For the amount, it depends whether spouse works or not and what expenses they’d face without you (and vice versa for you without them for their policy). And also it depends on how much they currently earn and what lifestyle you want to provide for your spouse and kids. Be generous to factor in inflation too. And consider carefully other income sources (group life policy from work if any and widow death benefits from social security).
Another thing you could look into is laddering. Assuming your spouse can support herself, as kids grow and you accumulate wealth, your needs for life insurance typically decrease over time. I mean 15 years down the line, even with inflation eroding your life insurance amount, you’re unlikely to need the same amount as your initial policy to pay for raising your kids the rest of the way. So instead of a $1M policy 20yr policy, you could also do a $500k 10-yr policy + a $250k 15-yr policy + a $250k 20-yr policy. That way you’re not paying down the line for insurance you no longer need. That should lower your total premiums and/or allow you to afford higher coverage initially.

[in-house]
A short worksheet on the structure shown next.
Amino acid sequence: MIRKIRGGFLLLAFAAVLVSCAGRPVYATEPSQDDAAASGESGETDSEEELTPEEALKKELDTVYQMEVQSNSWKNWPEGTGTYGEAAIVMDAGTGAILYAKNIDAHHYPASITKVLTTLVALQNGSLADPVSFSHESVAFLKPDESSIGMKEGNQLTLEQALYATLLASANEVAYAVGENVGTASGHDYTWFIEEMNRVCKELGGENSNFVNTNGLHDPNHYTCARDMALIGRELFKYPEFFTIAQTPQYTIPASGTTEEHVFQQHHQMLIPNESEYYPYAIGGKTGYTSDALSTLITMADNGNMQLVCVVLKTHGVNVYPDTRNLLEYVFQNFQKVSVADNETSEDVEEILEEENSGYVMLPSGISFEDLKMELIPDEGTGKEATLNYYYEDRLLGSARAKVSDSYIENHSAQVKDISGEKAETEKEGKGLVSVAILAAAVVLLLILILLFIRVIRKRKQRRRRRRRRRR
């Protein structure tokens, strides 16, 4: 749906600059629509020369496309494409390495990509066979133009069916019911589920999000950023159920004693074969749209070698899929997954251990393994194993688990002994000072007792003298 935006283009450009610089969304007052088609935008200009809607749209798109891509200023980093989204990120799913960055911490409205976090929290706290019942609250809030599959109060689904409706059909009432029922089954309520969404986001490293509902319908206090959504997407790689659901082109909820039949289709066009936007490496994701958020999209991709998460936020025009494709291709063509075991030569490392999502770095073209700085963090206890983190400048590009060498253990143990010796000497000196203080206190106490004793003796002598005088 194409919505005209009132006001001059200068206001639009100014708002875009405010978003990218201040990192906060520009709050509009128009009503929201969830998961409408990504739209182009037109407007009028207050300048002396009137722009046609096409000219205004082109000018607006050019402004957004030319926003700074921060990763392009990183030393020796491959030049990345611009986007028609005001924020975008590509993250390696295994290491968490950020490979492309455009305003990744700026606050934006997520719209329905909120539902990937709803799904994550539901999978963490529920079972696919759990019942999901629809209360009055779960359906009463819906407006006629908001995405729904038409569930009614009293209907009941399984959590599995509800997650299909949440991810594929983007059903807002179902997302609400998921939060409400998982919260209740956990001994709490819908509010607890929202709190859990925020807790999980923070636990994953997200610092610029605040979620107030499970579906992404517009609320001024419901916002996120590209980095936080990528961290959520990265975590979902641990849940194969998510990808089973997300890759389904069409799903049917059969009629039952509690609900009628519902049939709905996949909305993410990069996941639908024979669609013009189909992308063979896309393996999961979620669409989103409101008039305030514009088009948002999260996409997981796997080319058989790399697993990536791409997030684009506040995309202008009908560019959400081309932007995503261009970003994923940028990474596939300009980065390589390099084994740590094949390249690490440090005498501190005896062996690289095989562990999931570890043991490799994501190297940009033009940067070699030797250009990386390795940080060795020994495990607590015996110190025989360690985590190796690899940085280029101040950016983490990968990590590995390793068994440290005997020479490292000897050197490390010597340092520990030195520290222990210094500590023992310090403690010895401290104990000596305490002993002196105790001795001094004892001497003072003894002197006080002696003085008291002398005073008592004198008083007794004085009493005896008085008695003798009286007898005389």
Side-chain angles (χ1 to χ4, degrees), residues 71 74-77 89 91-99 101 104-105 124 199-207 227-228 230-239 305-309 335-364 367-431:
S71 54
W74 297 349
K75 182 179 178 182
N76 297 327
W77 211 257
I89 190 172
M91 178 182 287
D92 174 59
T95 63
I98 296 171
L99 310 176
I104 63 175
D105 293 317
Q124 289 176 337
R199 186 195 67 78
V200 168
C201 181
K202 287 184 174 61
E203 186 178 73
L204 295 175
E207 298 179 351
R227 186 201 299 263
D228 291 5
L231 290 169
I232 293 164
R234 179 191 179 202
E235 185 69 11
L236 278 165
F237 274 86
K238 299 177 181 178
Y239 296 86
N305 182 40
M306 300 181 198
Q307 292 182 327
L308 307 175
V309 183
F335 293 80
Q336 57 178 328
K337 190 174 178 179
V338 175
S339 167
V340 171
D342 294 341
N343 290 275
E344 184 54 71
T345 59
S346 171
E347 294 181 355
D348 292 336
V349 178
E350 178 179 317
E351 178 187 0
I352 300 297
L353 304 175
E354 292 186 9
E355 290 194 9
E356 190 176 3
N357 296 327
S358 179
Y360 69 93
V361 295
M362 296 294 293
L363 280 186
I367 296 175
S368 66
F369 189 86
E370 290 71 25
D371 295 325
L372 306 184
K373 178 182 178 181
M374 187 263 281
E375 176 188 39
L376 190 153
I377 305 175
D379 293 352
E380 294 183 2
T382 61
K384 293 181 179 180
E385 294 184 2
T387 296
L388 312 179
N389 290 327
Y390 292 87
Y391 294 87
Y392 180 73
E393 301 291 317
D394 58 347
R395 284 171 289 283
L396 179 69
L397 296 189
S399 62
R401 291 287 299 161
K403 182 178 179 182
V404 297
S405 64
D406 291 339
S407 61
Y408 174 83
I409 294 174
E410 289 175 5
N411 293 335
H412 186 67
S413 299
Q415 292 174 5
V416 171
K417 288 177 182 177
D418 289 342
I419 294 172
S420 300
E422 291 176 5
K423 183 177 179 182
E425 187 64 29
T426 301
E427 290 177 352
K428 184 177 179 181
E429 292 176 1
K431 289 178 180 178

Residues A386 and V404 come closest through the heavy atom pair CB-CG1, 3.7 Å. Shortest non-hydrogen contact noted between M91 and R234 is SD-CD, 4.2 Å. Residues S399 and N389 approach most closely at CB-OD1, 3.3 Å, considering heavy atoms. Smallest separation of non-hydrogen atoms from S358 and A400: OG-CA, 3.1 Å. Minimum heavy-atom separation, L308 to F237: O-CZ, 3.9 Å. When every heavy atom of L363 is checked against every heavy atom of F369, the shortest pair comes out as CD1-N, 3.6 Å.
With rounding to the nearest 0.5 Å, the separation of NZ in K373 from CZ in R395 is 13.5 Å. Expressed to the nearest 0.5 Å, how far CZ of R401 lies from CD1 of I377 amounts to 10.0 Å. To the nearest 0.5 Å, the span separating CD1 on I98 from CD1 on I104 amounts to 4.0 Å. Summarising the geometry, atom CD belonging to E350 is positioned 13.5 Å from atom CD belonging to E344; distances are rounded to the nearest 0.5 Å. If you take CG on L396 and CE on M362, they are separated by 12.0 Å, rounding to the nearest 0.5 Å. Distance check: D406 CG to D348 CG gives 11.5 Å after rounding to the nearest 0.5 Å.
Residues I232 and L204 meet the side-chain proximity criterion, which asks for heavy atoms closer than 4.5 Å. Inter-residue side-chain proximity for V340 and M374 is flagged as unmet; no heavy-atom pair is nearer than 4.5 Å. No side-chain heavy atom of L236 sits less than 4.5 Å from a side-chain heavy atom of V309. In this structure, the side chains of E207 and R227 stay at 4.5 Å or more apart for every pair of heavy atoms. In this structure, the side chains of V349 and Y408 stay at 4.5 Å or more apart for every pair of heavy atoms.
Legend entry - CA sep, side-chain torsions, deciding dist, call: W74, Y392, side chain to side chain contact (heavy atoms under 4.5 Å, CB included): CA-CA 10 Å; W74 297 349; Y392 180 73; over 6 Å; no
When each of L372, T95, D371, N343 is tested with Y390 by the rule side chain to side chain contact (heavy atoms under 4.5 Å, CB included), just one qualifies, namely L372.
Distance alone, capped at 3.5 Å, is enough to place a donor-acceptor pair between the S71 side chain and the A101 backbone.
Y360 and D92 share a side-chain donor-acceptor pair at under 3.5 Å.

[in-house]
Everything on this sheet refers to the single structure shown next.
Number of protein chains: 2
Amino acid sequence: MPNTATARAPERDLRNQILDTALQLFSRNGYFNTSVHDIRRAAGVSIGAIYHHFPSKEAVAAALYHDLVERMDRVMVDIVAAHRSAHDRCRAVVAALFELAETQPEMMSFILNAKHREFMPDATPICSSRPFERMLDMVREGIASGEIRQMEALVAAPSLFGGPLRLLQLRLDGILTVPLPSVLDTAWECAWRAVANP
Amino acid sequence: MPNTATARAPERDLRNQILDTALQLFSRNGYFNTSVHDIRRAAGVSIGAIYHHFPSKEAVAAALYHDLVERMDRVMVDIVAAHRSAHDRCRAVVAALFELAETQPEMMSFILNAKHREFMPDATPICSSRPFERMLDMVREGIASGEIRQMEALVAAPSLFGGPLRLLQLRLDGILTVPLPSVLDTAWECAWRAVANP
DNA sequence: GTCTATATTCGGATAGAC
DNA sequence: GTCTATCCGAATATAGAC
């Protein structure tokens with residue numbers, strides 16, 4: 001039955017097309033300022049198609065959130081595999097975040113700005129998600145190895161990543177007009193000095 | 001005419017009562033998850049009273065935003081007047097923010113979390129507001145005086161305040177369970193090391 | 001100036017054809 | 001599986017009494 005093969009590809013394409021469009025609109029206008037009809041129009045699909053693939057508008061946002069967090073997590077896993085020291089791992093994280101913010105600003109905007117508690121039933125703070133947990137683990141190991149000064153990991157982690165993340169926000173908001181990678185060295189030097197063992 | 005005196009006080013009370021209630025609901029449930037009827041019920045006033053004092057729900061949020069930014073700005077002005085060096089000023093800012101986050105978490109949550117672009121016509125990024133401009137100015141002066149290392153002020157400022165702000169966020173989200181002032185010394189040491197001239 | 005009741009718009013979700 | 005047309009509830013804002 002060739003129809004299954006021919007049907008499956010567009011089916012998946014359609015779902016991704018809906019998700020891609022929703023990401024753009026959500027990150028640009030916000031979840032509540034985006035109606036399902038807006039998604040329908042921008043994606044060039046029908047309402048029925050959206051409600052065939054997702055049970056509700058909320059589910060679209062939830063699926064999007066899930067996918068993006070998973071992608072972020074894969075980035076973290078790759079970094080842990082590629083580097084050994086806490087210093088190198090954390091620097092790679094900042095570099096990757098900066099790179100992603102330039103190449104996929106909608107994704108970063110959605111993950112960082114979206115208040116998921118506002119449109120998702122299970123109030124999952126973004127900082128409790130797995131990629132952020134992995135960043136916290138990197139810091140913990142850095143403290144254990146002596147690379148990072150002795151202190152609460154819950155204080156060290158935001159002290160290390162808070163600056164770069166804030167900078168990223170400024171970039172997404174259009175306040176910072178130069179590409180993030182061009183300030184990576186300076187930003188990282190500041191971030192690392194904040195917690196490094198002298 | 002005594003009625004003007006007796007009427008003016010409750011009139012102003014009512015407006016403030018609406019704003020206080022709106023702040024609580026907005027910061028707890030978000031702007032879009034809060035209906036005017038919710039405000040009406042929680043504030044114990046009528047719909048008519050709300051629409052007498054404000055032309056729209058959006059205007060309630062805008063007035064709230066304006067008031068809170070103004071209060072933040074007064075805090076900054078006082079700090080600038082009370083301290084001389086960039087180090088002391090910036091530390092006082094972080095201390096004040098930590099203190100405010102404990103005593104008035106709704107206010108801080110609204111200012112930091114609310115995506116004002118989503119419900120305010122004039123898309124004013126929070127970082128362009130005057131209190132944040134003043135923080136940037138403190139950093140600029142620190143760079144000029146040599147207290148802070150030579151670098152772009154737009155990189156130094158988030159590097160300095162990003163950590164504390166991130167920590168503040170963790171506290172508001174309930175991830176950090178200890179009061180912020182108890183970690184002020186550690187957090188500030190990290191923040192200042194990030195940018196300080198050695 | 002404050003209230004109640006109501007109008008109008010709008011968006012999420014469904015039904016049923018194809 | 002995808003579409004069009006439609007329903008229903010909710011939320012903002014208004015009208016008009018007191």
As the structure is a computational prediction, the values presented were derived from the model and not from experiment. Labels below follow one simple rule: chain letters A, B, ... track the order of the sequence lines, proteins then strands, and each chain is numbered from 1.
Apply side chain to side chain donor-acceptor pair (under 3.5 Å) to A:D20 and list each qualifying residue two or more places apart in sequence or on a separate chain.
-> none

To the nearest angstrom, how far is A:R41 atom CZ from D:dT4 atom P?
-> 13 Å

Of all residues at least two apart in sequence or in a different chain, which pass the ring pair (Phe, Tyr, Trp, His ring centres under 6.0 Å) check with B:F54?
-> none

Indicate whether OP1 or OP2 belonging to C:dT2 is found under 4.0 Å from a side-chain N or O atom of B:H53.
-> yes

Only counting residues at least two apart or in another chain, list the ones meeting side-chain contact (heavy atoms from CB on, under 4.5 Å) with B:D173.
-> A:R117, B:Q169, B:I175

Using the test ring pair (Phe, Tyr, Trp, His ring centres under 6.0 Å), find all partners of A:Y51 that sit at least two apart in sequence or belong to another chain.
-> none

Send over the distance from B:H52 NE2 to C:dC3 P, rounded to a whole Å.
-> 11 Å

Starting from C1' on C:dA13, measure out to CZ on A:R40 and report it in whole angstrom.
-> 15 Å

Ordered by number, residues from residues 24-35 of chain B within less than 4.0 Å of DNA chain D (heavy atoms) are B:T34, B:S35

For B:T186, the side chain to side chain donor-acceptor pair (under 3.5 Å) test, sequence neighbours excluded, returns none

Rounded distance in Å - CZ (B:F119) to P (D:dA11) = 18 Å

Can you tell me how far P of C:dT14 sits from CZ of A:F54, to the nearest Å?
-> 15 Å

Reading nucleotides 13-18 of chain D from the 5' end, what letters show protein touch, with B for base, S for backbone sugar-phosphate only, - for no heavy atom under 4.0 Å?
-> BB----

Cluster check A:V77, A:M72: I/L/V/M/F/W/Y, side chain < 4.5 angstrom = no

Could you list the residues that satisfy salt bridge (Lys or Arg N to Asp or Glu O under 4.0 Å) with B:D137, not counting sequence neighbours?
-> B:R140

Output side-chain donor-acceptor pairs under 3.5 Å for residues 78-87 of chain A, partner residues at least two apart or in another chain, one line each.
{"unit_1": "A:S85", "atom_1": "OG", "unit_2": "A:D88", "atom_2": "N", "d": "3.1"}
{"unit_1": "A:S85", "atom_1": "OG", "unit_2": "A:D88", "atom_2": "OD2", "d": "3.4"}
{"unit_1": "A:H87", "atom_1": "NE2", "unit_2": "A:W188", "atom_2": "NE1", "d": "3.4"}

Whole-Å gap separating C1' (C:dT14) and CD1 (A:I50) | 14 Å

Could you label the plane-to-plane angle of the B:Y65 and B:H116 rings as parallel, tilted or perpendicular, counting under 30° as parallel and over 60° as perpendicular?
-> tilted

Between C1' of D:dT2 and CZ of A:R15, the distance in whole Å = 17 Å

On the laddering concept, when I last shopped for life insurance, for 20 year term policies, the cost of 250k versus 500k of coverage was nearly identical. And when there was a difference it was nowhere near proportional to the insured amount (dollar-for-dollar the 250k policy was considerably more expensive than the 500k policy).
So I don’t know that it really makes sense to ladder in blocks smaller than $500k.
I bought a 30 year plan nearly the same age you’re at @matrix5k. My situation was similar to yours–1st child on the way, and a 2nd someday in the future. It seemed easier than buying a 2nd policy to cover baby #2 later. Now 5 years in I’m glad I did go with the 30 years. I will have both kids covered through college, and at like $10 a month more than 20 year coverage would cost. Really inexpensive to be covered for what will realistically be the full years of my working life.
I have another dumb question. Do most people get life insurance for only their working life, age 65 or so? Is this because if they pass away around this age, the child will be self sustaining by then? Or because they will be a beneficiary of the parent’s retirement accounts?
Unless you know a lot more about when you’re going to die than the insurance company, life insurance is a negative expectation bet. Why would you take that, if not for risk control or some tax planning reason? You shouldn’t get any insurance “just because”, you should consider it only because the alternatives are worse.